P.R. Gov't Emps. & Judiciary Ret. Sys. Admin. v. Volkswagen AG (In re Volkswagen "Clean Diesel" Mktg., Sales Practices, & Prods. Liab. Litig.)

Decision Date25 June 2021
Docket NumberNo. 20-15564,20-15564
Parties IN RE VOLKSWAGEN "CLEAN DIESEL" MARKETING, SALES PRACTICES, AND PRODUCTS LIABILITY LITIGATION, Puerto Rico Government Employees and Judiciary Retirement Systems Administration, Plaintiff-Appellee, v. Volkswagen AG ; Volkswagen Group of America, Inc.; Volkswagen Group of America Finance LLC ; Michael Horn; Martin Winterkorn, Defendants-Appellants.
CourtU.S. Court of Appeals — Ninth Circuit

Robert J. Giuffra Jr. (argued), Sharon L. Nelles, Suhana S. Han, William H. Wagener, and Elizabeth N. Olsen, Sullivan & Cromwell LLP, New York, New York, for Defendants-Appellants.

Ian D. Berg (argued) and Takeo A. Kellar, Abraham Fruchter & Twersky LLP, San Diego, California; Mitchell M.Z. Twersky, Abraham Fruchter & Twersky LLP, New York, New York; for Plaintiff-Appellee.

Douglas Wilens, Robbins Geller Rudman & Dowd LLP, Boca Raton, Florida; Thomas C. Michaud, Vanoverbeke Michaud & Timmony P.C., Detroit, Michigan; for Amicus Curiae Michigan Association of Public Employees Retirement Systems.

Gideon A. Schor, Wilson Sonsini Goodrich & Rosati PC, New York, New York; Joseph A. Grundfest, The William A. Franke Professor of Law and Business, Stanford Law School, Stanford, California; for Amici Curiae Law Professors and Former SEC Officials.

Deanne E. Maynard and Adam L. Sorensen, Morrison & Foerster LLP, Washington, D.C.; Jordan Eth, Mark R. S. Foster, and James R. Sigel, Morrison & Foerster LLP, San Francisco, California; Daryl Joseffer and Janet Galeria, U.S. Chamber Litigation Center, Washington, D.C.; for Amici Curiae Chamber of Commerce of the United States of America, Securities Industry and Financial Markets Association, and Alliance for Automotive Innovation.

Before: J. CLIFFORD WALLACE and MILAN D. SMITH, JR., Circuit Judges, and JANE A. RESTANI,* Judge.

Dissent by Judge J. Clifford Wallace

M. SMITH, Circuit Judge:

This case arises on interlocutory appeal to address the scope of the Affiliated Ute presumption of reliance in "mixed" securities-fraud cases that allege both omissions and affirmative misrepresentations. Because we conclude the allegations in this case cannot be characterized primarily as claims of omission, we hold that the Affiliated Ute presumption of reliance does not apply. See Affiliated Ute Citizens of Utah v. United States , 406 U.S. 128, 92 S.Ct. 1456, 31 L.Ed.2d 741 (1972). Accordingly, we reverse the order denying summary judgment to Volkswagen, and remand for the district court to further consider whether a triable issue of material fact exists.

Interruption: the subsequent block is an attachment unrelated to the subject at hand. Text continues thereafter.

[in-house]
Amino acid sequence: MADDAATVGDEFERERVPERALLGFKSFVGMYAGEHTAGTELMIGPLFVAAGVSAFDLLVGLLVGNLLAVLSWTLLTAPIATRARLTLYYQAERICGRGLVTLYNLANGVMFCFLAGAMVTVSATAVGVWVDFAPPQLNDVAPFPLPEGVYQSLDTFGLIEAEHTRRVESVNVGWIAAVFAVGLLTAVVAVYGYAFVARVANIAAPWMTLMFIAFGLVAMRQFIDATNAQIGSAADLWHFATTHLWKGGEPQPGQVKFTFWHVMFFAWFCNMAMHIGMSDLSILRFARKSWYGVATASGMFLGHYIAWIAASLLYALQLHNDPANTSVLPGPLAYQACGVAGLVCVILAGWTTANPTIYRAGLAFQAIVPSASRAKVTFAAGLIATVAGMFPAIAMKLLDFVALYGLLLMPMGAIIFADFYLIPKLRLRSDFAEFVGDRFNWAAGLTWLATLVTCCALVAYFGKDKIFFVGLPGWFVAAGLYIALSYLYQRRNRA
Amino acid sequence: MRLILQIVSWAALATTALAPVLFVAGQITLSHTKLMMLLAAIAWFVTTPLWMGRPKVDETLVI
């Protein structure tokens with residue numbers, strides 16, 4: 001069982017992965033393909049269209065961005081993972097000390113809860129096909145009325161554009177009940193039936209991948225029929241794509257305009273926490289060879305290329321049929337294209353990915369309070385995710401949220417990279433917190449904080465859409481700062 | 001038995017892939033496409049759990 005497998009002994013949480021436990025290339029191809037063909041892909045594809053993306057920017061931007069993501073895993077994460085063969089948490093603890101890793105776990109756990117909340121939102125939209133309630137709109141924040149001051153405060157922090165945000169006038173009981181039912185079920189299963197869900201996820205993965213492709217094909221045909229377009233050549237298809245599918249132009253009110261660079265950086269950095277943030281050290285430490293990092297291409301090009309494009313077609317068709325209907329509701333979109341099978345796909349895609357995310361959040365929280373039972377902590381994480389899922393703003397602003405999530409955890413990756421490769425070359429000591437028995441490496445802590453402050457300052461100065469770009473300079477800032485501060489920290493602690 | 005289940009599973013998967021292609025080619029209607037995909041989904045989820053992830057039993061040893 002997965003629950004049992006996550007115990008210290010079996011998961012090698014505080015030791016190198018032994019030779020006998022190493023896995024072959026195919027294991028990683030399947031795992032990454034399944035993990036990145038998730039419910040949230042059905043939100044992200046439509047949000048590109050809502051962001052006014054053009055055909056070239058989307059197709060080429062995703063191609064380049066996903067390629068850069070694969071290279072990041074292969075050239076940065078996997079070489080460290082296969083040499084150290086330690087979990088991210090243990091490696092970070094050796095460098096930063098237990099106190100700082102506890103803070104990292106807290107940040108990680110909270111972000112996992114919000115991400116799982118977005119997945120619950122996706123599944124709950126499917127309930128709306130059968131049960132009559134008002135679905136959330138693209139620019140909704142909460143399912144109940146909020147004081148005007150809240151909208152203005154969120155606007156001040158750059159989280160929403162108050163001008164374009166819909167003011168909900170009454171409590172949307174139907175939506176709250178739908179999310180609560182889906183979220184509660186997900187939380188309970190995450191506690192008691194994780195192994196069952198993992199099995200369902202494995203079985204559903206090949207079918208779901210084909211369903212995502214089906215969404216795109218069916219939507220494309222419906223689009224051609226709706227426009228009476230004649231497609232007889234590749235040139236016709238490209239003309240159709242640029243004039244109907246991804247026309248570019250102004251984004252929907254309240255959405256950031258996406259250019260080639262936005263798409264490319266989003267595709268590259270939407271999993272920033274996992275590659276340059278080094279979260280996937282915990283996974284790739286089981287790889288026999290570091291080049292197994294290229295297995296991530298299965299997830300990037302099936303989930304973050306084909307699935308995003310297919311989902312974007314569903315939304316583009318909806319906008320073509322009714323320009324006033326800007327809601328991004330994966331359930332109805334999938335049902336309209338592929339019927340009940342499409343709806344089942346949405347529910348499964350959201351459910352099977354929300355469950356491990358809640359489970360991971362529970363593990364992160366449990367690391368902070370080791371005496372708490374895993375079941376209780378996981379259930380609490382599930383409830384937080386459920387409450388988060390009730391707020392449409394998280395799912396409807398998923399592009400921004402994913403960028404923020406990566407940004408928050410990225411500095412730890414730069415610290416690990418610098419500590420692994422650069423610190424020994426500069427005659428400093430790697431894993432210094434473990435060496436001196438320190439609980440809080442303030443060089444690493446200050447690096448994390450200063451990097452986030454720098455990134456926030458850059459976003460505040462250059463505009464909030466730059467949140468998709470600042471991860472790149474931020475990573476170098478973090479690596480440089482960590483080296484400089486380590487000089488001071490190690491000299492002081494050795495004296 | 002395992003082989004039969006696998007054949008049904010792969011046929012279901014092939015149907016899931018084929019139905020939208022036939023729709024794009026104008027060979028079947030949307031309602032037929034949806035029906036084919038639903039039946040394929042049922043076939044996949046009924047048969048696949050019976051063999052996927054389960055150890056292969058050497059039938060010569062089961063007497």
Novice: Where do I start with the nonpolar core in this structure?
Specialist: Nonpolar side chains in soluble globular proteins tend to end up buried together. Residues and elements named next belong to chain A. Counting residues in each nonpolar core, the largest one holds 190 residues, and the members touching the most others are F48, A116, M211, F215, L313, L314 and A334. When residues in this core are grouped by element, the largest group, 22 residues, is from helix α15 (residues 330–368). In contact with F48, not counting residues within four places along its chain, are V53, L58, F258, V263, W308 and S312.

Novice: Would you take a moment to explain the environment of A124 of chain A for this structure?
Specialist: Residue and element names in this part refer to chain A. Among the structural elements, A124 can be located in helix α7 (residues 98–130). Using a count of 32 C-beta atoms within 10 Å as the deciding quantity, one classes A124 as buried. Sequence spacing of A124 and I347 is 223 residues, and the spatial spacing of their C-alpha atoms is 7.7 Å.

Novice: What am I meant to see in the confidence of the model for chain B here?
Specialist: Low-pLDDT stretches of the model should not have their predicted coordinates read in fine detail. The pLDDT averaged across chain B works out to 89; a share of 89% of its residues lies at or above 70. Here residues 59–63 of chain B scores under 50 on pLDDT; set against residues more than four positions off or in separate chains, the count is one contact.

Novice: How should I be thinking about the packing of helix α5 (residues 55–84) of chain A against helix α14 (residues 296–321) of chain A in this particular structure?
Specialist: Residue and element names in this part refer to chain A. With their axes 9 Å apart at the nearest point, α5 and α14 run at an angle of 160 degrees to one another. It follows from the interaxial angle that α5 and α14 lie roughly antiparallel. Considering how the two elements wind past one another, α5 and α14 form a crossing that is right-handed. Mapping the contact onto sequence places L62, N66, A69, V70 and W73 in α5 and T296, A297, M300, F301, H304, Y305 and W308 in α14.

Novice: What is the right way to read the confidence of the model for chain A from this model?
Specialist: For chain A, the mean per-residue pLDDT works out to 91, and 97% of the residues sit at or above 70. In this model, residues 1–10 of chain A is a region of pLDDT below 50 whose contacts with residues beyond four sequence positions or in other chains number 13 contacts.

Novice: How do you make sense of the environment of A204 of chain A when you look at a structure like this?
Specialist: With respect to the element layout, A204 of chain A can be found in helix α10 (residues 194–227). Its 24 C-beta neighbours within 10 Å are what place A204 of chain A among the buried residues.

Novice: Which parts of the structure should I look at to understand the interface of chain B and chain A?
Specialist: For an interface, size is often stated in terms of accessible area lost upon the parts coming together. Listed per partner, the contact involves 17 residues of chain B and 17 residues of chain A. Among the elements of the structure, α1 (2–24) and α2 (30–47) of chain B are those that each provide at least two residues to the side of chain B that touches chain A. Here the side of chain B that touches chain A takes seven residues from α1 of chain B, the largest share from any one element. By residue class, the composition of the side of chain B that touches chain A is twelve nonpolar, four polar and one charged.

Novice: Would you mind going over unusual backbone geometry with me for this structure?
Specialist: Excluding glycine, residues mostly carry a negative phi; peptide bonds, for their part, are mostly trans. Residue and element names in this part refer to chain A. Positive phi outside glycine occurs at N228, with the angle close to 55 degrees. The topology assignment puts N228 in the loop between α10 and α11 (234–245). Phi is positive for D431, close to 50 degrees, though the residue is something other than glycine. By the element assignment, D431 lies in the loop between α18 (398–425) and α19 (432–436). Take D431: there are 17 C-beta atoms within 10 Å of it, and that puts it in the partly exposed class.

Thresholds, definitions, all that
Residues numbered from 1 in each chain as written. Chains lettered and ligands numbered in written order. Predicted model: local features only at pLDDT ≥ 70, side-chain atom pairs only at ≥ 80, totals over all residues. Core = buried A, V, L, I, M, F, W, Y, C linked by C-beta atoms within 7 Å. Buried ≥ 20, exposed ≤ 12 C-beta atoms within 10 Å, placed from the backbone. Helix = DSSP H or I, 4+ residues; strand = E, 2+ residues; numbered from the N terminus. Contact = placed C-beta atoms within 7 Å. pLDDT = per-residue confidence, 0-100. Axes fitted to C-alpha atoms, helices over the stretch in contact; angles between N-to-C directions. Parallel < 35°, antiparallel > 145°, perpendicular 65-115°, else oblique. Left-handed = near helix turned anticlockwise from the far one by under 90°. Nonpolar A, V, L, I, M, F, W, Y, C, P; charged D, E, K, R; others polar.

FACTUAL AND PROCEDURAL BACKGROUND
I.

Plaintiff-Appellee Puerto Rico Government Employees & Judiciary Retirement Systems Administration (Plaintiff) is a public pension fund that purchased bonds issued by Defendant-Appellant Volkswagen Group of America Finance, LLC (VWGoAF). Non-party Santander Asset Management LLC (Santander) served as Plaintiff's investment advisor.

Defendant-Appellant Volkswagen AG (VWAG) is an international manufacturer of automobiles. Defendant-Appellant Volkswagen Group of America, Inc. (VWGoA) is a wholly owned subsidiary of VWAG that markets and sells Volkswagen brand vehicles in the United States. Defendant-Appellant VWGoAF is a wholly owned subsidiary of VWGoA that issues debt securities.1 ,2

VWGoAF issued the bonds at issue in this case in three private placements that closed on May 23, 2014, November 20, 2014, and May 19, 2015. VWGoAF issued an Offering Memorandum for each bond offering on May 15, 2014, November 12, 2014, and May 19, 2015, respectively (collectively, Offering Memoranda). Plaintiff alleges that on May 15, 2014, the same day VWGoAF issued its Offering Memorandum for the first bond offering, Santander placed orders to buy approximately $4 million worth of bonds on Plaintiff's behalf.

On September 18, 2015, the United States Environmental Protection Agency and California Air Resources Board issued notices of violation to VWGoA relating to the use of defeat devices in certain Volkswagen diesel vehicles. As has been widely publicized by the media, congressional hearings, and scores of lawsuits, Volkswagen was secretly installing defeat devices in millions of its diesel cars worldwide to mask unlawfully high emissions from regulators and cheat on emissions tests. Following the announcement, market prices of some Volkswagen bonds, including those purchased by Plaintiff, temporarily dipped below par value.

II.

Seeking to recover for losses relating to the bonds, Plaintiff filed this putative securities-fraud class action against Volkswagen alleging violations of Sections 10(b) and 20(a) of the Securities Exchange Act of 1934, 15 U.S.C. §§ 78j(b) and 78t(a), and Securities and Exchange Commission (SEC) Rule 10b-5, 17 C.F.R. § 240.10b-5. Although this case involves a long procedural history, both in our court and in the district court, the scope of this appeal is narrow. We focus only on the issue certified for interlocutory appeal from the district court's order denying Volkswagen's motion for summary judgment.